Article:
- To reduce the number of times that FULL ON exam lighting is required, the raise/lower speed at which the overrides respond to manual changes could be increased.
- To provide adequate nighttime illumination at the primary task locations with minimal spill into the remainder of the room, validation of primary task locations in combination with specifying luminaires using improved optics could more effectively reduce the need for a general high-level override during nighttime patient checks.
By minimizing the high-light-level overrides, we can reduce sleep disruption. It is understood, however, that overrides for emergency or procedural reasons are required. Upon data review, it was evident that after a system override, the lighting was frequently not returned to its programmed state. As a result, the lighting often remained off through a portion of the morning or remained in exam mode during the day. We understood this may be an issue with the control system installed, but the data made it clear that the system had limitations.
Selection of systems and other elements for products moving forward must be considered. For example, improved button preset labeling could improve staff understanding, or better training could be provided. Or, rather than being dependent on staff for a program reset, an automatic time-out would be more effective, returning the lighting to the pre-programmed color, spectrum or intensity.
Through the design and completion of each project, we as designers are continually adapting to new technologies and project requirements, fostering the evolution of design and product development. The UK NICU project has informed elements during design of the recently constructed Cincinnati Children’s Hospital Medical Center (CCHMC) NICU and is continuing to inform our approach to the current design of the Houston Methodist Hospital Centennial Tower.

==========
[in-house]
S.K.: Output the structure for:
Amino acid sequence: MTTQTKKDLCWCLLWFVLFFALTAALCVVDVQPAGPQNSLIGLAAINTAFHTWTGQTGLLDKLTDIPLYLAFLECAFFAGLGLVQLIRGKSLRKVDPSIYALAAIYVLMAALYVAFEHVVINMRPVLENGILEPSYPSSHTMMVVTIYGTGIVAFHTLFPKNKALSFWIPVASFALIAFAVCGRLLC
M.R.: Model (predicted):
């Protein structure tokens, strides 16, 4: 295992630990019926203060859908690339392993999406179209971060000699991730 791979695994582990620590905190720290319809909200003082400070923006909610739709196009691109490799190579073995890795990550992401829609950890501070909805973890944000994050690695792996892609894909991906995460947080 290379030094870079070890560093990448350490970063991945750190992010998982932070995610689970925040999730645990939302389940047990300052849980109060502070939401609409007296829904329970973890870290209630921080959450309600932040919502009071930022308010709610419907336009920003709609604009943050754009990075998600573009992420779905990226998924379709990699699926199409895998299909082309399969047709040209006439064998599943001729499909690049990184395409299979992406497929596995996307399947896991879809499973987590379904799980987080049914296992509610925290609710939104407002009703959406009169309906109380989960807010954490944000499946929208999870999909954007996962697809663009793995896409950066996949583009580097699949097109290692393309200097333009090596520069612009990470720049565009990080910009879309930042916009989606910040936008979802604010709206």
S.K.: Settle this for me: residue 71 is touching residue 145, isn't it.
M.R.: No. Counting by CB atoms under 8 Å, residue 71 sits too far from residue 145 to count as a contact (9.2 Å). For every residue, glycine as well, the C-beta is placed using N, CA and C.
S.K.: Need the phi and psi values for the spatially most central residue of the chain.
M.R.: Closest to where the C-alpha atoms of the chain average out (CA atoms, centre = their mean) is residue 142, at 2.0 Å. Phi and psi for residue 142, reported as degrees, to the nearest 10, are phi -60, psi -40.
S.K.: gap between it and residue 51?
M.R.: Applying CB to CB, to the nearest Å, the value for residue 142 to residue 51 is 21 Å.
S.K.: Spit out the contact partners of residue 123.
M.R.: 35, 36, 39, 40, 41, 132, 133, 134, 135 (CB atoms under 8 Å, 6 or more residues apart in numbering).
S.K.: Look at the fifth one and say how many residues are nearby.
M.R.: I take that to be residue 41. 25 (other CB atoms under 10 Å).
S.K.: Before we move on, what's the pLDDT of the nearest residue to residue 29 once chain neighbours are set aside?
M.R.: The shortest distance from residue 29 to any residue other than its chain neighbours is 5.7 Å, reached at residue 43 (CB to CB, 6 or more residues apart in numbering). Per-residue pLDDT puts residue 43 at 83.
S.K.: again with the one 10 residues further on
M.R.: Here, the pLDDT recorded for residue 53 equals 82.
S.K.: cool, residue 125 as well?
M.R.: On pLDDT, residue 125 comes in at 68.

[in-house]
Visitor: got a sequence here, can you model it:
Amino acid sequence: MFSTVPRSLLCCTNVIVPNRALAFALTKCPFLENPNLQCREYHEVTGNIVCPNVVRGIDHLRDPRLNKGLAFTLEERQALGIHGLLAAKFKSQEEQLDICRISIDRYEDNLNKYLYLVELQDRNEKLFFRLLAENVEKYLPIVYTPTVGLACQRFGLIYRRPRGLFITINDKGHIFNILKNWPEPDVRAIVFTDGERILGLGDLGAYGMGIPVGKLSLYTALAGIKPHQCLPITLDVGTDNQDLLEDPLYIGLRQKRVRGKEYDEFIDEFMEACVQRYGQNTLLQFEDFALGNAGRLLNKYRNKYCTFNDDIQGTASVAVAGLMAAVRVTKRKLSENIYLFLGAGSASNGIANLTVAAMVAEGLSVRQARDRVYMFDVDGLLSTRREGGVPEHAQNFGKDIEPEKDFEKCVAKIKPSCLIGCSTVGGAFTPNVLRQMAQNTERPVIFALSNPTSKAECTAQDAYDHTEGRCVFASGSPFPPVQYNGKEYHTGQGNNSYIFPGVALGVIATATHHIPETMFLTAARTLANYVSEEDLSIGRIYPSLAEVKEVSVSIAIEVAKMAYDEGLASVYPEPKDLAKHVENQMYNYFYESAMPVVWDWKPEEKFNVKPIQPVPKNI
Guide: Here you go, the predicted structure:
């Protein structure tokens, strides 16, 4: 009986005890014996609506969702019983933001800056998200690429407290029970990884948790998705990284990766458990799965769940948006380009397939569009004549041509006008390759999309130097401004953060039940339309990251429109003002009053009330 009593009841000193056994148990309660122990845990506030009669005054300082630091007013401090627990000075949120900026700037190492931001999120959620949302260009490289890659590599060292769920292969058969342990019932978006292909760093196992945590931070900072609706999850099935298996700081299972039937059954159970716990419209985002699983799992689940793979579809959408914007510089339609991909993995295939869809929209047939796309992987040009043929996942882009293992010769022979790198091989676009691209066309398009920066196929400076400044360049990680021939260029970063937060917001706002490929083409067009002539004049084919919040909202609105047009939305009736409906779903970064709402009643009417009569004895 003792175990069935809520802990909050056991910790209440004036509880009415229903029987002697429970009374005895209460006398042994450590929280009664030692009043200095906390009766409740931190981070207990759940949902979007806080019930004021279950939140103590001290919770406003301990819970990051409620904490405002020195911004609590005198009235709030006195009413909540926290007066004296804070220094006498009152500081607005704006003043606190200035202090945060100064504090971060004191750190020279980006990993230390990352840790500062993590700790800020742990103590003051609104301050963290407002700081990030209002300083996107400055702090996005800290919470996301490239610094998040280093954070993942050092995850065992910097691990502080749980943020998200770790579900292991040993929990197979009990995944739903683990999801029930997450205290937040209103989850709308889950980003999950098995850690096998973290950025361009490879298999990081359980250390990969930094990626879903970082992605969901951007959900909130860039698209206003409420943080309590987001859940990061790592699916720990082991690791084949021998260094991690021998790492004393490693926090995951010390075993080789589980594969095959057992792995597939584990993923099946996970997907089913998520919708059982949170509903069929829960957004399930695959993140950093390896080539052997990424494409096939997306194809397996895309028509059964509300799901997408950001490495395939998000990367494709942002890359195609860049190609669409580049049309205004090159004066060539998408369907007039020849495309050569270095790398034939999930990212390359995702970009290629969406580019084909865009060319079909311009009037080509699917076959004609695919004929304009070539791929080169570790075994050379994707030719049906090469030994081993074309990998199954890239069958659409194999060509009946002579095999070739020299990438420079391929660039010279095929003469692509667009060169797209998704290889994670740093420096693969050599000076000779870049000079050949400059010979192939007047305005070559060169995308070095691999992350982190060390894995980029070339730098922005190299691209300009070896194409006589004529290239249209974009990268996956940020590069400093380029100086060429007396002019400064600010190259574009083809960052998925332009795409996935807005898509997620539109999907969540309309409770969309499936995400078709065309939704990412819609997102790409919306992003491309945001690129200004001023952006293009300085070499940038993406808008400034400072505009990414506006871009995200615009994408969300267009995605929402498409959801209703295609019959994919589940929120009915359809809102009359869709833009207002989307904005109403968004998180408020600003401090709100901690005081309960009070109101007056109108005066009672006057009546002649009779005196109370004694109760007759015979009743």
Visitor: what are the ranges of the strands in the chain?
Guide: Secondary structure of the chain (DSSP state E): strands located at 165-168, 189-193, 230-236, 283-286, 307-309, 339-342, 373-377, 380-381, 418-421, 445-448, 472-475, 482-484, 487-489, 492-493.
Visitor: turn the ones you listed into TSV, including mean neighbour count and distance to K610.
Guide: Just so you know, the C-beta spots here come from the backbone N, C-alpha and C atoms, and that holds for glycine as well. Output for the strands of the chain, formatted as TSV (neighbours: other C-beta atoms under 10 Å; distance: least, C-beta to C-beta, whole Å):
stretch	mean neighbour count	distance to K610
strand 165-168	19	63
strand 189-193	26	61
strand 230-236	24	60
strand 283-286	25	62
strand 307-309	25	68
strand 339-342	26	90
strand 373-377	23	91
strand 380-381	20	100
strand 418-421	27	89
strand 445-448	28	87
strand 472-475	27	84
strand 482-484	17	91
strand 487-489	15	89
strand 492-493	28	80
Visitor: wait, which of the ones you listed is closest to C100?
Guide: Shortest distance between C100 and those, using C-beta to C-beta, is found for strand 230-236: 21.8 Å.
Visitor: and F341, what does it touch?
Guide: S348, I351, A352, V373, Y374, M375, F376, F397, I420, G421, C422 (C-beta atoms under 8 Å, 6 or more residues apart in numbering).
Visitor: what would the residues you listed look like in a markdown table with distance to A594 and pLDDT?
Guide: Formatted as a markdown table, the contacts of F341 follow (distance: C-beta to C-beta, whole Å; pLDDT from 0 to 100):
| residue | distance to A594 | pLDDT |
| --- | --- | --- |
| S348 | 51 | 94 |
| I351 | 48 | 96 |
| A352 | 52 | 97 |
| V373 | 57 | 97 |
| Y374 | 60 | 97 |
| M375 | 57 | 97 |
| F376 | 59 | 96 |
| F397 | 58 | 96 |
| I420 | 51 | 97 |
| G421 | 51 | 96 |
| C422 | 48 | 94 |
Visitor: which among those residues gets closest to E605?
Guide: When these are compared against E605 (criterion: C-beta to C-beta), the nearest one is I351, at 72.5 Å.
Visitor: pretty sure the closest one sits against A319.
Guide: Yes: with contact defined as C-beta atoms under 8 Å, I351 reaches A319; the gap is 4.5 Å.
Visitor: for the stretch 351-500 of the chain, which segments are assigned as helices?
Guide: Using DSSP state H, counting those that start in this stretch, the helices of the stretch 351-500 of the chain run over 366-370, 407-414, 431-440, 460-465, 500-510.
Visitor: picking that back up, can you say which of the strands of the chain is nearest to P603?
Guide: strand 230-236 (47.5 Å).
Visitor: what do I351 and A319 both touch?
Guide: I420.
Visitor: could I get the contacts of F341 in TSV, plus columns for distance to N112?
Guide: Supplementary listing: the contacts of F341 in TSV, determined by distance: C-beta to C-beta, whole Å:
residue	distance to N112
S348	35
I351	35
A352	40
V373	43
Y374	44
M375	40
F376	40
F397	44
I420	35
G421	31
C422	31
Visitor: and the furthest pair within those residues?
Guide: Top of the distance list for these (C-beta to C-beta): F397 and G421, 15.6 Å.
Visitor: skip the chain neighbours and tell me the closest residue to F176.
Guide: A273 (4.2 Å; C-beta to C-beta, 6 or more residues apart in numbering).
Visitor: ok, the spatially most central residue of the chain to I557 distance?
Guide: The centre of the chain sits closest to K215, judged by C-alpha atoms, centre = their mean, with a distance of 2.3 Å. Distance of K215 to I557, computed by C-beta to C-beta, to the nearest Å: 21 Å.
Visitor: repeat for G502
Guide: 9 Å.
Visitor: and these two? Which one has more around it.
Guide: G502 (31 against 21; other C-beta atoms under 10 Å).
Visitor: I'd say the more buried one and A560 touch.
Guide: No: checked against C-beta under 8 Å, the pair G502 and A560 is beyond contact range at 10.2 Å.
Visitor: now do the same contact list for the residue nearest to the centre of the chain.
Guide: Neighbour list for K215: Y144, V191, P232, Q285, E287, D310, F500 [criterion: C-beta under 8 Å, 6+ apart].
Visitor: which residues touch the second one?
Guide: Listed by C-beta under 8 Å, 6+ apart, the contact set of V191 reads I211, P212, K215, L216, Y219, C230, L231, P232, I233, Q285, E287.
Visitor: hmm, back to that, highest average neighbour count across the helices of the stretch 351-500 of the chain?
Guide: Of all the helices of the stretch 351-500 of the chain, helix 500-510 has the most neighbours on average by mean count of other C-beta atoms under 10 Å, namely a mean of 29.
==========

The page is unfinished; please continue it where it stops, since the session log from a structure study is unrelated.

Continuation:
Although the system at Cincinnati Children’s is entirely different from the UK NICU and highly customized in response to the research intended, there are elements that the previous design informed. In each patient room, a manual override of the programmed circadian system was initially going to be excluded based on research team requests. Upon sharing our previous practice and experience, design changes were made and a manual override for staff and families was included. The override is only for ON/OFF but it returns automatically to preset programming, ensuring the day/night cycle is repeated each day. This is achievable due to the complexity of the customized control system that tracks the intended color, spectrum and intensity throughout the day, ensuring that manual overrides do not interrupt the underlying programming. Although this operation appears straightforward, there is significant complexity required. Through advances in technology, this control is becoming more available in standard product, but it is critical to confirm the operability of any proposed control system prior to making a final selection.
Looking ahead to the Houston Methodist Centennial Tower that is currently in final design, previous experiences are informing design decisions in other ways. Although there is no NICU, the raise/lower timing of the manual overrides within the patient room low-voltage control system are being modified to increase response speed. With the intent to minimize sleep disruption, the goal for overrides to respond more quickly reduces the need for nursing staff to turn more lights on in the middle of the night. With the knowledge gained from the UK NICU project, in combination with questioning current product standards, this simple change will improve the patient/ staff experience. Elsewhere in the building—to improve staff well-being and satisfaction in select windowless areas where daylight is inaccessible during the day due to the large floor plate—we have proposed a simplified lighting system designed for circadian support. Based on understanding of the highly complex systems in the previous two facilities, this simplified approach reduces the additional cost often associated with these systems. By using a targeted spectrum LED board with a single 0-10-V channel of control, the control system specified for other areas of the building is also able to operate this one. Despite the simplicity intended, it is well understood that conversations are still required to understand staff shift length, provide suitable manual overrides and appropriately educate the staff.
Technological advancements in the lighting industry enable the design of very complex lighting systems. However, as designers, we must continue to ask critical questions during system and product selection processes to ensure efficient and effective system operation. The rare insight from the above examples provides a deep data review, allowing the design team to implement future improvements and inform similar designs—ultimately leading to increased staff satisfaction and better patient outcomes.